The Board Collection (1856-1992)
The second part of the collection includes numerous boxes filled with additional Academy history. Membership Correspondence, Junior Academy of Science Membership notes, Administration notes from the early 1900s, and memorabilia such as invitations and flyers from programs and events, as well as Academy meeting notes, museum proposals and other published works are stored within these boxes.
This seal resembles The Academy’s current logo. Images within the seal include objects that reflect The Academy’s original mission and scientific interests. The seal includes the text: “Humanae Scilicet Scientiae et Potentiae,” which means “For Human Knowledge and Power.”
The second Latin text found on the pages of the book in the center of the seal reads, “Novum Or. Ga,” short for Novum Organum which was a philosophical text published in Latin in 1620 by Francis Bacon. This work presented an inductive method for scientific and philosophical inquiry and is why it was included as the center focus of the seal, as it reflected The Academy’s mission.
The early Academy also recorded extensive minutes on meetings and collected them in bound books for record keeping. An example is The Academy of Science of St. Louis Record of Attendance. This book collected the signatures of Academy members and visitors who attended the meetings from January 5, 1914, which was the 1,035th meeting, to March 18, 1918, the 1,092th meeting. It also features signatures of two prolific scientists who made numerous additions to the Transactions— physicist, Francis E. Nipher, who helped govern the Academy between 1881 and 1903 and wrote works such as, “Physics During the Last Century” and, “Variations in the Earth’s Magnetic Field,” and entomologist, Charles Henry Turner. Turner published almost fifty papers during his lifetime on topics that included neurology, and invertebrate and animal ecology. His specialty, however, and significant contributions were in the field of insect behavior studies.
There are 33 volumes within the history of Transactions. These Transactions, which were the submitted works of scientists published by The Academy of Science – St. Louis, span from the first published volume in 1856 to the 33rd, ending in 1988. Topics ranging from meteorology, botany, physics, and entomology fill the pages of Transactions.
The style of Transactions changed over time as they were being published. When the first volume of Transactions was published in 1856, ten scholarly articles were included within that first volume. Beginning with the publication of volume eight, the articles within each volume were also available as individual monographs.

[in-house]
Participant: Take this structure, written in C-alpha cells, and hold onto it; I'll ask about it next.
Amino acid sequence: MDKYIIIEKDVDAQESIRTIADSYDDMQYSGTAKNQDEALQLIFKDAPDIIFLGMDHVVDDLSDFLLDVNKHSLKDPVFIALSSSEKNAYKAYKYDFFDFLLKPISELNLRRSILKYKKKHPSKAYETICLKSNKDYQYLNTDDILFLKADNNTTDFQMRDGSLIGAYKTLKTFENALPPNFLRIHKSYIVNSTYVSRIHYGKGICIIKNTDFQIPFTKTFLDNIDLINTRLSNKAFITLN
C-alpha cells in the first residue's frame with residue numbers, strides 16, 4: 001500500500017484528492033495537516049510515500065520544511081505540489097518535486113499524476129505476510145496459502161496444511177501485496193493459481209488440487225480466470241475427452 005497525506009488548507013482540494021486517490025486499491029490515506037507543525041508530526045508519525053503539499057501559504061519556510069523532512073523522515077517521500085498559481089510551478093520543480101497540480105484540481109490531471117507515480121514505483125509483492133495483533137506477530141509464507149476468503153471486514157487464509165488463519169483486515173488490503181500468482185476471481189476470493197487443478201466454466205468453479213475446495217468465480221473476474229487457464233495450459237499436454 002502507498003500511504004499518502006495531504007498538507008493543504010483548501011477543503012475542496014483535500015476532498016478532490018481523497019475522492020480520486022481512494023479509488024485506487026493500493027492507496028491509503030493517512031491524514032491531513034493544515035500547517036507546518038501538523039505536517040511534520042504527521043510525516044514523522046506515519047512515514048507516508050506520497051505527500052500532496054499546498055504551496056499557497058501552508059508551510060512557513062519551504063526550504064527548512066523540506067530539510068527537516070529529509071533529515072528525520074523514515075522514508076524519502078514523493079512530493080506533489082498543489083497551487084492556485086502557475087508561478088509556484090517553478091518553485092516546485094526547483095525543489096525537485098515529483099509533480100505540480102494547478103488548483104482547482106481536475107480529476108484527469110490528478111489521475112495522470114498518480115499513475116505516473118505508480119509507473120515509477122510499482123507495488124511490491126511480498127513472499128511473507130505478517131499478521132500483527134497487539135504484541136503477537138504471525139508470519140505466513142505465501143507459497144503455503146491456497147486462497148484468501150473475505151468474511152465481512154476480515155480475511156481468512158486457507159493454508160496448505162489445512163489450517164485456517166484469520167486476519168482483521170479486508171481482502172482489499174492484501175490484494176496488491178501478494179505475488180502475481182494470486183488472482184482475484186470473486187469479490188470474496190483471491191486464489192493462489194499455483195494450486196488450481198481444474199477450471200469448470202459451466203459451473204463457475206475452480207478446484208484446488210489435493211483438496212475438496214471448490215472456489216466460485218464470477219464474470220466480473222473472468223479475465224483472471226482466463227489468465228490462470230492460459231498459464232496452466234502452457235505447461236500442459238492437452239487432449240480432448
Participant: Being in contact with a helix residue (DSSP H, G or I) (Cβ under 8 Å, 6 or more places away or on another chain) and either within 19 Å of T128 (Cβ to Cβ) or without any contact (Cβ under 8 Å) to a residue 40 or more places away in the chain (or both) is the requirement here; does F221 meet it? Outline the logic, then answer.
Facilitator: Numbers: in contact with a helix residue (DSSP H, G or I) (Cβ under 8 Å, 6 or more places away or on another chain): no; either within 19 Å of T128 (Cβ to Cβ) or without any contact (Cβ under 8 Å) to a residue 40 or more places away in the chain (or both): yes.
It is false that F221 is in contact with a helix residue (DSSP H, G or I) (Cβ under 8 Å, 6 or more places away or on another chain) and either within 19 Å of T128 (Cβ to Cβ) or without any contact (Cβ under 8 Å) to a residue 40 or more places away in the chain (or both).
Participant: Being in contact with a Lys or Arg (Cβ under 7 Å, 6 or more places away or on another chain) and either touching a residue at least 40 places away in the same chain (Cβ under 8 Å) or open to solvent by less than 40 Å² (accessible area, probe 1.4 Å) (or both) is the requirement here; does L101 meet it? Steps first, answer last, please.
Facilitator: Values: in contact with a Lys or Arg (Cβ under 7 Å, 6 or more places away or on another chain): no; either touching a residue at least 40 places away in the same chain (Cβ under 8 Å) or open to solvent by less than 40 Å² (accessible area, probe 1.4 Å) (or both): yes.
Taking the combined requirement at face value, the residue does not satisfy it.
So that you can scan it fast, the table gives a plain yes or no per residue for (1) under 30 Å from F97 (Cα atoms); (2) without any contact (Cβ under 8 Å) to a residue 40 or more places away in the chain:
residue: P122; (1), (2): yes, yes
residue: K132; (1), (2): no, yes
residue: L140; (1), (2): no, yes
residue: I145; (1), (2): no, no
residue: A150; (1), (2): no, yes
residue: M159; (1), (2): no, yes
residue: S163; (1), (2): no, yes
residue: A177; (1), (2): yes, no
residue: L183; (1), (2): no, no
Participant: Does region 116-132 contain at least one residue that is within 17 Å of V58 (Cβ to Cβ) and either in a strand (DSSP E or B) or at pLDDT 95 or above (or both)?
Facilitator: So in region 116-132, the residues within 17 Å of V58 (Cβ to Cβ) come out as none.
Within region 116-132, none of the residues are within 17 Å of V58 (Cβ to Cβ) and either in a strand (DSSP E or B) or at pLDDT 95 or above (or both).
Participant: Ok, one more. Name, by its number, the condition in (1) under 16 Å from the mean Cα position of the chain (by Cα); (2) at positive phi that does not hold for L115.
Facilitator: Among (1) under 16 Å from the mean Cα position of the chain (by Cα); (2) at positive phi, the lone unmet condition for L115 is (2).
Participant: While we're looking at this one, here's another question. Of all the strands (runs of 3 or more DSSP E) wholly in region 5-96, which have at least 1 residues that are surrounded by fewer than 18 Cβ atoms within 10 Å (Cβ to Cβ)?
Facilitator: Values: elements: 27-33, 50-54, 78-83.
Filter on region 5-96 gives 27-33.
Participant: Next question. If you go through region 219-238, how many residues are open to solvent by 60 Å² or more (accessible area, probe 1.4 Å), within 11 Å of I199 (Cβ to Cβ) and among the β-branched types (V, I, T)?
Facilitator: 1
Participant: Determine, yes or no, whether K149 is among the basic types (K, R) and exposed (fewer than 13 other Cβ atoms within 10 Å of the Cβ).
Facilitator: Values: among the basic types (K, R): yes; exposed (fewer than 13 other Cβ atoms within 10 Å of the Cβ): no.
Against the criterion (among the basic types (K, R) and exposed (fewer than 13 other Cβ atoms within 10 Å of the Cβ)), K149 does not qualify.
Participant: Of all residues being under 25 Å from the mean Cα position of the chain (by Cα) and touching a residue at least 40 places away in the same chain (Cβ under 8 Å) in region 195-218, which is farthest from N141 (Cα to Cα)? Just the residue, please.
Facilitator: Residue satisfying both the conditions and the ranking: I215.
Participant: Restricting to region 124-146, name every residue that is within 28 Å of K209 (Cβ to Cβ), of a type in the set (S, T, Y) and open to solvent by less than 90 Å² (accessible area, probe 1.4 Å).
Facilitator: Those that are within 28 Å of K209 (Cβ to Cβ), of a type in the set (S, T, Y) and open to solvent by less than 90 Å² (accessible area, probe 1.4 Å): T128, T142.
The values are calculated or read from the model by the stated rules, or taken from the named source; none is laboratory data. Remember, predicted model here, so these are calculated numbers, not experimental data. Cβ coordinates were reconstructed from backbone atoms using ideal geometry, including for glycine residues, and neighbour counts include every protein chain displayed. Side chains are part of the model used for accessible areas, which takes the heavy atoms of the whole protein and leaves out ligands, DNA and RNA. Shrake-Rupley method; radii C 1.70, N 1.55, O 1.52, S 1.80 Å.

The scientific articles contained within the Transactions were written by Academy members, and other scientists, explorers, and amateur naturalists, who wished to publish their findings. As you read within the Transactions, notice the meticulous and descriptive writing, in-depth observations and findings often detailed at great length. So that the writer might visually portray their findings to the reader, charts, maps and drawn images often fill the pages. You’ll find a great example of detailed observation in Volume XXVII, titled, “The Prairie Horned Lark” by Gayle B. Pickwell – the only publication within that volume.
In 1956, the first of the final four Transactions was published, marking 100 years of The Academy of Science – St. Louis’ existence with the edition of Volume 31, No. 8, “ For Human Knowledge and Power.” Volume 31, No. 9 was published in 1958. As individual scientific disciplines began to publish and distribute their own journals, publication of the Academy’s Transactions began to wane with a significant gap between the publication of Volume 31, No. 9 and the final two Transactions. Volume 32 No. 1, “The Whelpley Collection” was published in 1978; and the final volume of Transactions, a history of The Academy of Science – St. Louis, was published in 1988 with the title, “The Academy of Science of St. Louis, 1956-1988” marking the end of the publication of Transactions and writing about the vast history of The Academy.